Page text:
Source: Publisher via Netgalley. Thank you Angry Robot for providing me with an e-copy of this novel in exchange for an honest review.
Genre: YA fantasy.
Sometimes, one must accomplish the impossible.
Beneath the mountain, the king’s reign of tyranny is absolute; the one troll with the capacity to challenge him is imprisoned for treason. Cécile has escaped the darkness of Trollus, but she learns all too quickly that she is not beyond the reach of the king’s power. Or his manipulation.
Recovered from her injuries, she now lives with her mother in Trianon and graces the opera stage every night. But by day she searches for the witch who has eluded the trolls for five hundred years. Whether she succeeds or fails, the costs to those she cares about will be high.
To find Anushka, she must delve into magic that is both dark and deadly. But the witch is a clever creature. And Cécile might not just be the hunter. She might also be the hunted…
This is the review for a second book in the series so it probably contains spoilers for Stolen Songbird.
I wanted to like Hidden Huntress so much… I read Stolen Songbird but never reviewed it – and I thought it was a very decent beginning of a YA fantasy series, I liked Cécile and Tristan (especially because they were both reluctant to fall in love, it’s a nice twist on the kidnapper-turned-lover trope) and was eager to find out what would happen, though I was a bit sad they were separated right at the end of the book. So for a series that focuses so strongly on romance – and it does, though the main theme’s really this struggle to find humanity in both human and troll race and all – Tristan and Cécile spent a terribly small amount of time together in this book.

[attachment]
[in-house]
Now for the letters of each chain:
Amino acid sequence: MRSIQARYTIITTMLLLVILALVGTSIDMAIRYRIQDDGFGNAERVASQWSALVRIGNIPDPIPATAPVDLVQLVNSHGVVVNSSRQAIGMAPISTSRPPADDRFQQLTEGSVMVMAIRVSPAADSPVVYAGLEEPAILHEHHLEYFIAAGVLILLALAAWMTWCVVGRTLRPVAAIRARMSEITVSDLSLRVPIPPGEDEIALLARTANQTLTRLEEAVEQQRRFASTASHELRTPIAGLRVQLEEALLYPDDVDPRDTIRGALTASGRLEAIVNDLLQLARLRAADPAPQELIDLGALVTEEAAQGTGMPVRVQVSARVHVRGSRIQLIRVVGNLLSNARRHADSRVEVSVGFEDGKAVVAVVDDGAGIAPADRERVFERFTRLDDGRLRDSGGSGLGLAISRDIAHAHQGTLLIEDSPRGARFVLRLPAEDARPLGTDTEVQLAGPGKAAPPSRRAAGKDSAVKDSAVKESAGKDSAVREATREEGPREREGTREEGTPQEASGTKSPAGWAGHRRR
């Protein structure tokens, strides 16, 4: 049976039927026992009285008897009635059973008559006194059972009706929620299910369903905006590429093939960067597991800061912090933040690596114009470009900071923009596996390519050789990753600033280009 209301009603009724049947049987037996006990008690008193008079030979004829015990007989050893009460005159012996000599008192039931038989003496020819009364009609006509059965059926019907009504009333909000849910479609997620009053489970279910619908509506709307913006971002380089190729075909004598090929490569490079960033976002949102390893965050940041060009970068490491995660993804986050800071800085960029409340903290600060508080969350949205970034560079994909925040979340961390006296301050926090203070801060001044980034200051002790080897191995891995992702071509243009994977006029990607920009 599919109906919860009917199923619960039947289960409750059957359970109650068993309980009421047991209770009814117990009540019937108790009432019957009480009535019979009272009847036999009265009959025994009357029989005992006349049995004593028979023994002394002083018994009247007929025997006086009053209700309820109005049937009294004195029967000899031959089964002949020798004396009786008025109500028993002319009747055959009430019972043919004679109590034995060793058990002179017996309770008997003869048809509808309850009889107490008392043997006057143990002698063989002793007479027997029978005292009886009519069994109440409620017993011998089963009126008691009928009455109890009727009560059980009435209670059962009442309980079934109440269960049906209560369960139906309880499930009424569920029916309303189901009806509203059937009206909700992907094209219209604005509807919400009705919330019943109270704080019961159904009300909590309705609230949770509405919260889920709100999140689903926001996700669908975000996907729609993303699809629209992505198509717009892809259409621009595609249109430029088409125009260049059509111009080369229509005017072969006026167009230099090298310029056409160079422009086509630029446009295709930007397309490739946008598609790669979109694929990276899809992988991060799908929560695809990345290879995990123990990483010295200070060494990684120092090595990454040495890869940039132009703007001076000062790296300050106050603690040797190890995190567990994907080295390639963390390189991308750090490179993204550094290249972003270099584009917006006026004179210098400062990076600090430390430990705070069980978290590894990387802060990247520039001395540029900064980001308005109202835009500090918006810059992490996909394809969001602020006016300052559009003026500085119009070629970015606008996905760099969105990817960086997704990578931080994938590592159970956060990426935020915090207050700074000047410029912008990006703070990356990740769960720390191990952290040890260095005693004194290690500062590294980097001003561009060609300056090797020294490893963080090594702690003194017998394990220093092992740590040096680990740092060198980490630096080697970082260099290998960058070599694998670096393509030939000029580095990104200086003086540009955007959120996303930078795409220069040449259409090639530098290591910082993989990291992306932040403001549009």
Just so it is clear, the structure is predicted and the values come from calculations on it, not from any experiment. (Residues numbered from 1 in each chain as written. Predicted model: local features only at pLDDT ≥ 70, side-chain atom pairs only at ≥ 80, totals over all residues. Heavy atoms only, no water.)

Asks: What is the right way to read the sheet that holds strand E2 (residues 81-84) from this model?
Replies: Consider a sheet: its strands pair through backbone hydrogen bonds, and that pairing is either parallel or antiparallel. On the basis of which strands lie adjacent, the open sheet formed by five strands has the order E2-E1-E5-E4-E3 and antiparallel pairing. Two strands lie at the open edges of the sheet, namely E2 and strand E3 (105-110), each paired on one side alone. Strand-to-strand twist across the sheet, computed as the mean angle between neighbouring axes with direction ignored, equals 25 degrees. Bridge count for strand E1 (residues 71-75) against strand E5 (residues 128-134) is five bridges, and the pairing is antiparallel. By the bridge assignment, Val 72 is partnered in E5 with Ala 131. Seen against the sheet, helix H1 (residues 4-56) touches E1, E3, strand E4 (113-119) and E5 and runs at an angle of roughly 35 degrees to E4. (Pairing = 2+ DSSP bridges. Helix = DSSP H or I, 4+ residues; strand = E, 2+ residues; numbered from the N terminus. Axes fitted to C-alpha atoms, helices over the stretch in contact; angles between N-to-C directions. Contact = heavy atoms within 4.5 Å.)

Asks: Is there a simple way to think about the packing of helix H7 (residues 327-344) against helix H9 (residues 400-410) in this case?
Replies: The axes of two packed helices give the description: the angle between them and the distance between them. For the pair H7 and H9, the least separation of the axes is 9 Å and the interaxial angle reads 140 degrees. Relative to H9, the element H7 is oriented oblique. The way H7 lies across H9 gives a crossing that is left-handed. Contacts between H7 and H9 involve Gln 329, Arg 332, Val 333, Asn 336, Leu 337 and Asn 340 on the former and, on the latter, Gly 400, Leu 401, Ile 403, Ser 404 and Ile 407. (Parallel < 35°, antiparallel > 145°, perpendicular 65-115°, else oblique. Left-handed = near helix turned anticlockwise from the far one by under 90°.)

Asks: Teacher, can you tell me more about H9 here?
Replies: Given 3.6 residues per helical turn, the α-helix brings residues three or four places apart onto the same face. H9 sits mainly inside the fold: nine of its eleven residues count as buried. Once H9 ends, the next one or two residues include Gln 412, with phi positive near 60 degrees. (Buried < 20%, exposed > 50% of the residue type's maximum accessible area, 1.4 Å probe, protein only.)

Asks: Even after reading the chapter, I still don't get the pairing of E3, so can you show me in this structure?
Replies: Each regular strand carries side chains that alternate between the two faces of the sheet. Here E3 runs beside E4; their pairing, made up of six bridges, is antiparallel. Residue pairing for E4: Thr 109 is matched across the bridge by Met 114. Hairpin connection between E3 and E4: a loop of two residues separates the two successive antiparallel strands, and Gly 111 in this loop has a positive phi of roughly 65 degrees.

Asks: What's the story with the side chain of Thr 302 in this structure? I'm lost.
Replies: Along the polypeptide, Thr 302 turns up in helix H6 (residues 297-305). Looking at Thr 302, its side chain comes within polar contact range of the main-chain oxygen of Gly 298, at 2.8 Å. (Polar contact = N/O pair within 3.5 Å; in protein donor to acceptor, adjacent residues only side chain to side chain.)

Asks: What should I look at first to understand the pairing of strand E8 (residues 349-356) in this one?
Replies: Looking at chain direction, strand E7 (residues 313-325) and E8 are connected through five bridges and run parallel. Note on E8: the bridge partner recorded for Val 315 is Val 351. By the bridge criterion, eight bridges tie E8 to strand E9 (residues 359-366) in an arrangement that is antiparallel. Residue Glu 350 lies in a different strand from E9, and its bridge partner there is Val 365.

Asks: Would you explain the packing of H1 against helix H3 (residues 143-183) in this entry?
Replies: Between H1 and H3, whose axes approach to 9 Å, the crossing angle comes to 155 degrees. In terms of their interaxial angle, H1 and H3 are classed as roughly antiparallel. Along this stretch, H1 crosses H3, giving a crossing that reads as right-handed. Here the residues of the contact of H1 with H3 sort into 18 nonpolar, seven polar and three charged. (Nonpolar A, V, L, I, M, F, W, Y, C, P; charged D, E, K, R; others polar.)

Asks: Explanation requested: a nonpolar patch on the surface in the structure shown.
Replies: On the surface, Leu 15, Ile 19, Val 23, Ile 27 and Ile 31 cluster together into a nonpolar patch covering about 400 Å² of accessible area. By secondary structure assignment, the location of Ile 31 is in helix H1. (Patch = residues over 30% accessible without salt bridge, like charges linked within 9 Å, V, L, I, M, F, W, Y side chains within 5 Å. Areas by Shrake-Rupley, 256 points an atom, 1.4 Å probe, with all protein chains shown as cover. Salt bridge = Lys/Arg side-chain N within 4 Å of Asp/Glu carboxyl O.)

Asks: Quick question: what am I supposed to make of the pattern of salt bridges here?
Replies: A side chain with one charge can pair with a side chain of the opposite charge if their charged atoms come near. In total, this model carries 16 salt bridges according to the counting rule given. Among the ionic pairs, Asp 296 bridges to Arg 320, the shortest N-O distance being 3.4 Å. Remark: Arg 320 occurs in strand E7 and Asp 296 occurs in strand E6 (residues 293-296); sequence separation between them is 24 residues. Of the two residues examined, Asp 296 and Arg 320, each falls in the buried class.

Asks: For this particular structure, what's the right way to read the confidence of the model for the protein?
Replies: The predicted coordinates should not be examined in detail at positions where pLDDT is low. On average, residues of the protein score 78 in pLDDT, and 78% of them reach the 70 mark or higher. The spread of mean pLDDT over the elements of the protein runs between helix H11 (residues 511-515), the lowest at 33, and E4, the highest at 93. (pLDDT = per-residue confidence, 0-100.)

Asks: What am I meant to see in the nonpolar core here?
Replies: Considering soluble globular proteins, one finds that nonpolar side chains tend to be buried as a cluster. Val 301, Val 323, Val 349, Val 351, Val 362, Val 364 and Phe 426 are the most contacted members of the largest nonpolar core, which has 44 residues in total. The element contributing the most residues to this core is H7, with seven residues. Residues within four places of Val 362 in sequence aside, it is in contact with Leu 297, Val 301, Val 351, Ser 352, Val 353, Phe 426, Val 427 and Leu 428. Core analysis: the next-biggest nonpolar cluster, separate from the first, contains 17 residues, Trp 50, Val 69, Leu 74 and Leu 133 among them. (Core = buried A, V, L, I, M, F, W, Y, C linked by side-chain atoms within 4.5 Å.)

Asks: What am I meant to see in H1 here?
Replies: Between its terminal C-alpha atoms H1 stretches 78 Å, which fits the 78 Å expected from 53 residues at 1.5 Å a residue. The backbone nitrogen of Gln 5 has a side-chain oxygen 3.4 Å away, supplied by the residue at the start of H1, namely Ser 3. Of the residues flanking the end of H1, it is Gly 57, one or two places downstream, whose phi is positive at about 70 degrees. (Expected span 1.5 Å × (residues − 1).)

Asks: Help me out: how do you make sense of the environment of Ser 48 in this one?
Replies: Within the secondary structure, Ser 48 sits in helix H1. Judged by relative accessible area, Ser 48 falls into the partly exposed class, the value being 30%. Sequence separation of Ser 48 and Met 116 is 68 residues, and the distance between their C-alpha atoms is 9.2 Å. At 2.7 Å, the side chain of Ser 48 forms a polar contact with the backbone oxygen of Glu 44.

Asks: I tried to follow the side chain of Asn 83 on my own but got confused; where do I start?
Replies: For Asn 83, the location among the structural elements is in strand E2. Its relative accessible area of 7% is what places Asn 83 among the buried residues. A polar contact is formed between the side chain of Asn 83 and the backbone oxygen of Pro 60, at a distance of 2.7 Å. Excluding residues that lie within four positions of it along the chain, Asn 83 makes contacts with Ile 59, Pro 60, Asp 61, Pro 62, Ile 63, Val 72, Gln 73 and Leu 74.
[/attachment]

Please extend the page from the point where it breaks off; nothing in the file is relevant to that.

I’m sad to say the plot of Hidden Huntress seems to suffer from the second book syndrome, meaning that it drags a bit and nothing really exciting happens until the end – which is, admittedly, full of surprises. Cécile is forced to obey the rules set out by her unfeeling mother, all the while trying to fulfill the promise she made to Tristan’s father, the king of Trollus. Trying to kill the witch Anushka is eating up her thoughts and consuming her, which makes sense but it changed her in ways I didn’t particularly like. I also missed Tristan – he does have his own chapters but he was somehow pushed into second place.
But it was the setting that kept nagging me and I experienced, for the first time in a long while, the feeling of being “thrown out” of a book – which is pretty bad when you’re reading secondary-world fantasy, no? While most of the happenings in Stolen Songbird take place in the country and then in Trollus, a kingdom under the Mountain, Cécile’s part of Hidden Huntress, at least, is set in Trianon, the capital of this island country. And Trianon is remarkably similar to Paris, at least for me, there’s the opera house and the dancers, the seedy Pigalle quarter where the witch called “La Voisin” lives (OK this may have been an ARC problem but the French word for a female “neighbor” is “la voisine”). Anyway, it’s like Paris but not Paris and while I’m all for fantasy cities inspired by real-life places (hello, Camorr!), this one didn’t convince me at all.
Sigh. You see, I’m a mood reader. And this book failed to catch my interest, so I dragged it out and read about four other books in between, which is probably unfair, but then if it was interesting enough, I wouldn’t have had this problem… It’s a vicious circle. I’m probably going to read Warrior Witch so I can finish the series – and I really would like to know how some of the things that happened towards the end of Hidden Huntress play out. I just hope the series ends with a bang, instead of slowly sizzling out.
Have you read Stolen Songbird or Hidden Huntress? What did you think?
Do you also dislike second books in trilogies? (For me, they’re the worst.)
I’d love to hear from you! :)